Editor's note: A rally to raise public awareness about wolves in and around Yellowstone National Park is scheduled for late June near the north entrance to the park at Gardiner, Montana. The following release came from the program's organizers.
The establishment of Yellowstone National Park in 1872 represents one of the greatest achievements in American history, affording protection to one of our countryâs true wild places. Appreciation for this action, and the land it preserved, is increasing with each passing generation. And Yellowstone is much more than an American treasure; it is an international jewel, attracting millions of people from all over the world every year.
Fast-forward 123 years to 1995 and 1996, when the federal government, at the behest of the American people, released 66 gray wolves into Yellowstone. After one of Americaâs most iconic species was brought to near extinction through hunting, trapping, poisoning, and other government-funded methods in the 19th and 20th centuries, the U.S. Fish & Wildlife Service finally began to recover this internationally beloved species. And, because of its wildness and large size, as well as its complement of abundant prey species, Yellowstone was one of two places chosen to welcome the wolves home. Idaho was the second place.
On June 28-29, 2014, people of all walks of life are invited to attend Speak for Wolves: Yellowstone 2014, a 2-day family-friendly celebration of wolves, predators and other native species that contribute to our rich national heritage. The event will be held at Arch Park in Gardiner, MT, just north of the Roosevelt Arch, near the north entrance to Yellowstone National Park. Speak for Wolves: Yellowstone 2014 will feature prominent speakers and authors from the conservation community, and will include live music, education booths, childrenâs activities and food vendors. The event is free and open to the public.
In addition to daytime activities at Arch Park, the screening of two wildlife documentaries will occur on Saturday evening, June 28, at 7 pm. The films will be shown at the Gardiner Community Center, which is located at 210 W. Main Street in downtown Gardiner. Organizers will be showing Predator Defenseâs film, Exposed: USDAâs Secret War on Wildlife and Project Coyoteâs film, Coexisting with Wildlife: The Marin Livestock and Wildlife Protection Program. The films will be followed by a panel discussion composed of conservationists and scientists. The films are free.
Speak for Wolves: Yellowstone 2014 is an opportunity for the American people to unite and demand wildlife management reform, and to take an important step toward restoring our national heritage. Unbeknownst to many Americans, over 3,000 gray wolves have been slaughtered across America, including around Yellowstone National Park, since certain segments of the wolf population were prematurely stripped of federal protection under the Endangered Species Act just a few years ago. The controversial delisting of the northern Rockies gray wolf was the first time Congress intervened and delisted a species in the 40-year history of the Endangered Species Act.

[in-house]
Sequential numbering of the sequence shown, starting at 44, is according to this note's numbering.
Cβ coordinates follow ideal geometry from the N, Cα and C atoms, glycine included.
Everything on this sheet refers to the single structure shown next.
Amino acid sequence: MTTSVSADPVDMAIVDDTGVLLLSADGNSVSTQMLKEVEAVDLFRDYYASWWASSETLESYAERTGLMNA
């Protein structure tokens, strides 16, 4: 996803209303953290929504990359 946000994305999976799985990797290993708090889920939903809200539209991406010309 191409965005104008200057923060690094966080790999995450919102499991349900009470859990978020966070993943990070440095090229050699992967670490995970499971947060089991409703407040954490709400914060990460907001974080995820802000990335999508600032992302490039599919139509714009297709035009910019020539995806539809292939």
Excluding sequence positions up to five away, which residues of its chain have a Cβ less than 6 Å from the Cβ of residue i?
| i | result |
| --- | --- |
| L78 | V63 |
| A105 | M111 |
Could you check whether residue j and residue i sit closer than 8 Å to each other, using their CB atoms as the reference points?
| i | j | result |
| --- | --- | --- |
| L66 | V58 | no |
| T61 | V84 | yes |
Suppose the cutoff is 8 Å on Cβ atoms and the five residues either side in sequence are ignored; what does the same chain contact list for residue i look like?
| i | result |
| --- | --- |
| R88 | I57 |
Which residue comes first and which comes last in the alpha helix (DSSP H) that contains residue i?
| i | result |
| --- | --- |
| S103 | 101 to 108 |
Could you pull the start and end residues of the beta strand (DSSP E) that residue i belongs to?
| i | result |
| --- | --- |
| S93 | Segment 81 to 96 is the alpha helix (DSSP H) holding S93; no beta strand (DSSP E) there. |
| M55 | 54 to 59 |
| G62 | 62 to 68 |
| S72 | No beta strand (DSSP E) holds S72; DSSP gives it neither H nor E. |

Lengthy hunting seasons now occur in Idaho, Montana, Wyoming, Minnesota, Wisconsin, and Michigan. Hunters are permitted to hunt wolves with dogs in Wisconsin. Barbaric trapping/snaring seasons exist in Idaho. The USDA Wildlife Services just gunned-down 23 wolves from a helicopter in a rugged national forest in Idaho. In just 20 years, the federal government has completely reversed its course on the biological recovery of the gray wolf, and is now in the business of wiping them out again.
While many people are calling for relisting of gray wolves under the Endangered Species Act, others are saying that it is time to completely reform wildlife management in the United States.
Event organizers for Speak for Wolves: Yellowstone 2014 have developed the following five keys to reforming wildlife management in America:
* Ban trapping/snaring on all federal public lands.
* End grazing on all federal public lands.
* Abolish the predator-control department of the USDA Wildlife Services.
* Reform how state fish and game agencies operate.
* Introduce legislation to protect all predators, including wolves, from sport hunting, trapping, and snaring.
Please consider attending Speak for Wolves: Yellowstone 2014. The only thing that can save the gray wolf from a second extermination is a strong grassroots movement consisting of every-day people. Letâs come together and embark on this journey together. Letâs make the world a better place, for not only current generations, but also for those generations still to come. Your support is greatly appreciated! Learn more at www.speakforwolves.org or follow the event for updates at www.facebook.com/speakforwolvesyellowstone2014.